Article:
Whilst the reporting of spontaneous adverse drug reactions (ADRs) is recognised as an important tool in building a drugs pharmacovigilance profile it is poorly supported by healthcare professionals (HCPs) and under-reporting is a major problem.
Various initiatives have been introduced to address this problem including adding patients to the range of potential reporters and a recent study showed that patient reporting of ADRs to the UK Yellow Card Scheme (YCS) improved signal generation by:
- reporting different drug–ADR pairs and generating different serious drug reactions (SDRs) from healthcare professionals (HCPs)
- generating SDRs that may be considered important in the context of pharmacovigilance
- generating additional SDRs when combined with data from HCP reports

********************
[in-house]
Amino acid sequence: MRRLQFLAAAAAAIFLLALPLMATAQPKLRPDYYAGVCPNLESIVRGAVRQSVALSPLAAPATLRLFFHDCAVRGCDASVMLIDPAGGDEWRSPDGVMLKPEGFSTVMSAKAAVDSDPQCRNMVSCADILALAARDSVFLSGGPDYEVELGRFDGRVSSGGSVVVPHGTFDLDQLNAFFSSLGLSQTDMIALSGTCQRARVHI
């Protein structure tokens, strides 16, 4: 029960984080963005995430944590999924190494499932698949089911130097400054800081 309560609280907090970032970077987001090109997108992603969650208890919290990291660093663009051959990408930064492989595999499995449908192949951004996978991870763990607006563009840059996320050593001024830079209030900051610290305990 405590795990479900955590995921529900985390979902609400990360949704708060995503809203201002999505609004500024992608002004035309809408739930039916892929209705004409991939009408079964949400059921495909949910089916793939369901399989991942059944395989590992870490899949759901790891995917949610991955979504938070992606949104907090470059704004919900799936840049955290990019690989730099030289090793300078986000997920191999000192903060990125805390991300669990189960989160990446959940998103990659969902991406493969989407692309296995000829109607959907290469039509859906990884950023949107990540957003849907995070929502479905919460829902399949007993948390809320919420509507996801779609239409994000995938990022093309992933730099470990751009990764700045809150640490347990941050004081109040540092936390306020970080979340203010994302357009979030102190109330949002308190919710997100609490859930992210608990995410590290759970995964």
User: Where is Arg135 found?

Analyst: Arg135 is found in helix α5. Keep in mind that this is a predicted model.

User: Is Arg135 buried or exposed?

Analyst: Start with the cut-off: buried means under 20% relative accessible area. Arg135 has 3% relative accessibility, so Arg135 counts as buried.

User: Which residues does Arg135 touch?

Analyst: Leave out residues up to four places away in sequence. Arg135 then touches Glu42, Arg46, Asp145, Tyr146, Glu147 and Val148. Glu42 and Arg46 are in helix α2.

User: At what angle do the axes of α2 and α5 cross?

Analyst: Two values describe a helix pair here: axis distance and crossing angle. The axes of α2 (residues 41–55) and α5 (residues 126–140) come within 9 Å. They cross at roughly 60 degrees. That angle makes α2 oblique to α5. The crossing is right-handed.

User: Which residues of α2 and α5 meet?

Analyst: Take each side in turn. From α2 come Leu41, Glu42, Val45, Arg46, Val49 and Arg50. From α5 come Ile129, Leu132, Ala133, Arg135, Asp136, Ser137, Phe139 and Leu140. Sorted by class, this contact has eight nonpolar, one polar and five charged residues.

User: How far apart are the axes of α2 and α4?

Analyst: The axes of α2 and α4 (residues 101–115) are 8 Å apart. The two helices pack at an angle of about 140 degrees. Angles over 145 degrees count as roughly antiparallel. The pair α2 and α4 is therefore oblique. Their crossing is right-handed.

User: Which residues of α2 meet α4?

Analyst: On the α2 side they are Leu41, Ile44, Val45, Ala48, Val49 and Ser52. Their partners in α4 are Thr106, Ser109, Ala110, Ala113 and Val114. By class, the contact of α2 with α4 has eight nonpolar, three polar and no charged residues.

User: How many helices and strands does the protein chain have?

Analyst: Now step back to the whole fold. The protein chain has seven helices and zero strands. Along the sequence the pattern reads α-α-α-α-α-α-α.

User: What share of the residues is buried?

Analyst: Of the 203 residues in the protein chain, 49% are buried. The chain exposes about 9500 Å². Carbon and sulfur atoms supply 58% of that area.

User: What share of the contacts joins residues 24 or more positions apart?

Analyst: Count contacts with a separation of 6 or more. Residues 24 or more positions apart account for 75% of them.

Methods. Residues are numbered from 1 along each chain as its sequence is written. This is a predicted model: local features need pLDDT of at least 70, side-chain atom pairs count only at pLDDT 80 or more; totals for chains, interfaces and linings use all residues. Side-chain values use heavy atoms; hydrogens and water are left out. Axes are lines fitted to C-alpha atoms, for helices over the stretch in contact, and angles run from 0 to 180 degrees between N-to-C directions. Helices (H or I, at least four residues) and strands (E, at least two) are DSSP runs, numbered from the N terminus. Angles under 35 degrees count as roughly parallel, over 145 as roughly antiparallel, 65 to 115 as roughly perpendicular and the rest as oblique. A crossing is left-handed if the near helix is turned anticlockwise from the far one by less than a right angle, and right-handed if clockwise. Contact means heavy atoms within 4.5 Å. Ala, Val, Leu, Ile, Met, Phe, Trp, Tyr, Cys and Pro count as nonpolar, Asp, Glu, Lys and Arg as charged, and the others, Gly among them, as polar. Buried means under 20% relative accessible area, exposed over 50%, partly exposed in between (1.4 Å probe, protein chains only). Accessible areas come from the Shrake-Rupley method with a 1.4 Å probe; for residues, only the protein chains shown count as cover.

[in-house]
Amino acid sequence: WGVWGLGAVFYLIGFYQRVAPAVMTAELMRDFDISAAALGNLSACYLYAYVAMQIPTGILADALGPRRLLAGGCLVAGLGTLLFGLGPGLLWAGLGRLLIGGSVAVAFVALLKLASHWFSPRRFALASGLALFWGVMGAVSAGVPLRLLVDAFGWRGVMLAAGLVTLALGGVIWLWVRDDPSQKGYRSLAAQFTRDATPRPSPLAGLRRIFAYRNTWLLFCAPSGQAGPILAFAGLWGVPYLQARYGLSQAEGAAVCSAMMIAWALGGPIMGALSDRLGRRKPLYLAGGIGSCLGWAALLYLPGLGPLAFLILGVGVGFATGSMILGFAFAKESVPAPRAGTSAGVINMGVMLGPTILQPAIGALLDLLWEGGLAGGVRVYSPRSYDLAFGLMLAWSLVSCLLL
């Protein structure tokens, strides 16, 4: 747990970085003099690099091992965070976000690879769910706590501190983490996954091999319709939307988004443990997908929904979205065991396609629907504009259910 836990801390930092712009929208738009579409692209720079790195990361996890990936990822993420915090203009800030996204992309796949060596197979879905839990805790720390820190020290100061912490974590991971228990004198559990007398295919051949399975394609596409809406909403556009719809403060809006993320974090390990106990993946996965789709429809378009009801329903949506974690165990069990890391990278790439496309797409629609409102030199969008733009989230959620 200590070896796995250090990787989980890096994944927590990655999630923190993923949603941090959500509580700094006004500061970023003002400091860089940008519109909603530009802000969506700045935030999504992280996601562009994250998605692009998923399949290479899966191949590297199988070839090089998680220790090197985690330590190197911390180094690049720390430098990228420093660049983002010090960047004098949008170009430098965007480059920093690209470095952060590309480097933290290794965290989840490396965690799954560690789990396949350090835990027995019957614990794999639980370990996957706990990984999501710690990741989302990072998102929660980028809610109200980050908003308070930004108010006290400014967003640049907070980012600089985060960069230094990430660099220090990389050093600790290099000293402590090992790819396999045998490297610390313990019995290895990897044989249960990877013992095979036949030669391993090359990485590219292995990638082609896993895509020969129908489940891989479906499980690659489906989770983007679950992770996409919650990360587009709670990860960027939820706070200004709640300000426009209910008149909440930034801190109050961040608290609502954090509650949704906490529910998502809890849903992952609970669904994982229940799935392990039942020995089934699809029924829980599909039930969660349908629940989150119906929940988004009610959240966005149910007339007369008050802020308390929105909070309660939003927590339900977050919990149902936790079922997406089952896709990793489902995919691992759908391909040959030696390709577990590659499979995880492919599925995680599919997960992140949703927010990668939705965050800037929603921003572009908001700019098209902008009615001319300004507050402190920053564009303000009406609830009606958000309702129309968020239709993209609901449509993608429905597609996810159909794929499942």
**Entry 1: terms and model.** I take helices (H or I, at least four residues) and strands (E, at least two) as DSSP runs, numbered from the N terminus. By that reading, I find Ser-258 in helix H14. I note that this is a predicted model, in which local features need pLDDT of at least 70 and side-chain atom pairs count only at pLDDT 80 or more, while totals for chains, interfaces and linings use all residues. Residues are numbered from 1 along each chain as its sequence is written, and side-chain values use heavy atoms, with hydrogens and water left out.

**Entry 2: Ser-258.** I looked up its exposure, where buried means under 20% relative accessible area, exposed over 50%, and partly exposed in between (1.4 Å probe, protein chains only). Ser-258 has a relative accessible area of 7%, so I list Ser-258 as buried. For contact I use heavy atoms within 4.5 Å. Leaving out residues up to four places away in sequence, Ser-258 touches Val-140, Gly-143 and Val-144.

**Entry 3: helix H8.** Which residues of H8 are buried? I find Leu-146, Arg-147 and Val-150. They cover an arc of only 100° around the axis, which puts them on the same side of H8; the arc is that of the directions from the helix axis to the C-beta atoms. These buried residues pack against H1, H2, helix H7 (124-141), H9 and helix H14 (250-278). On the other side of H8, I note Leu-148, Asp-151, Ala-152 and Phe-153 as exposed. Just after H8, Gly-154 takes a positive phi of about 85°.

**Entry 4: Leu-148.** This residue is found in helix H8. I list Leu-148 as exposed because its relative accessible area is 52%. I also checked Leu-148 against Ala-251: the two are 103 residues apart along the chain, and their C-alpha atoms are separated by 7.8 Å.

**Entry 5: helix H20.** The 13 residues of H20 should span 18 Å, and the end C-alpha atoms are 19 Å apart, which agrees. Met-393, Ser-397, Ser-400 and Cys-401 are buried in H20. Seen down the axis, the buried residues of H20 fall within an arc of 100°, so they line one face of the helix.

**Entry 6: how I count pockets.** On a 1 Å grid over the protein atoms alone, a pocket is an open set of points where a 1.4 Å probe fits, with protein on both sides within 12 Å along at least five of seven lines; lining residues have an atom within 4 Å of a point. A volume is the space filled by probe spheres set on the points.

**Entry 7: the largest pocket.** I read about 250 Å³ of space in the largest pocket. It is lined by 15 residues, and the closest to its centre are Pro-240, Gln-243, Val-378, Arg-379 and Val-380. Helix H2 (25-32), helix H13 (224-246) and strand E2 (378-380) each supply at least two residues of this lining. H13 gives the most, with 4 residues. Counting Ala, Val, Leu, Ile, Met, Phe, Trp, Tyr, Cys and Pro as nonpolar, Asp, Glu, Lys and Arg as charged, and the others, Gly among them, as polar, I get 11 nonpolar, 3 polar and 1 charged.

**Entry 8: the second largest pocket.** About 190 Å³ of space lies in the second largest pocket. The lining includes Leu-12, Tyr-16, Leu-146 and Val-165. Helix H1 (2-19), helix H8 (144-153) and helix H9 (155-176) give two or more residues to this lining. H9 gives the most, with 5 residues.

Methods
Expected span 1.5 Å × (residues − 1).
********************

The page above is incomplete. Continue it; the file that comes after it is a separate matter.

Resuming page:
- providing information that may be valuable when assessing the likelihood of a causal association between a particular drug and reaction.
However, in the same report only 8.5% of the surveyed population had heard of the YCS and, of these, only three had self-reported to the YCS the last time they had a side effect (two reported it online and one by post). Clearly, despite extensive marketing campaigns public awareness of the YCS remained an issue.
Maybe there is another way – according to a recent survey of consumers in France, Germany, Poland, Spain, the UK and the USA, 52% of respondents with a mobile handset had a smartphone. Another survey in 2012 found that 81% of HCPs in Europe and 91% in the US had a smartphone.
Consider the scenario – a patient has an appointment with a HCP (doctor, nurse, pharmacist) and both have smartphones. A drug is prescribed for the patient and at the same time the HCP transmits, with the patients permission, a link to their smartphone. The link allows the patient to install a mobile app on their smartphone that enables them to report ADRs quickly and easily to the HCP, if appropriate, the pharma company or the regulator.
How might that impact the the problem of under-reporting spontaneous ADRs?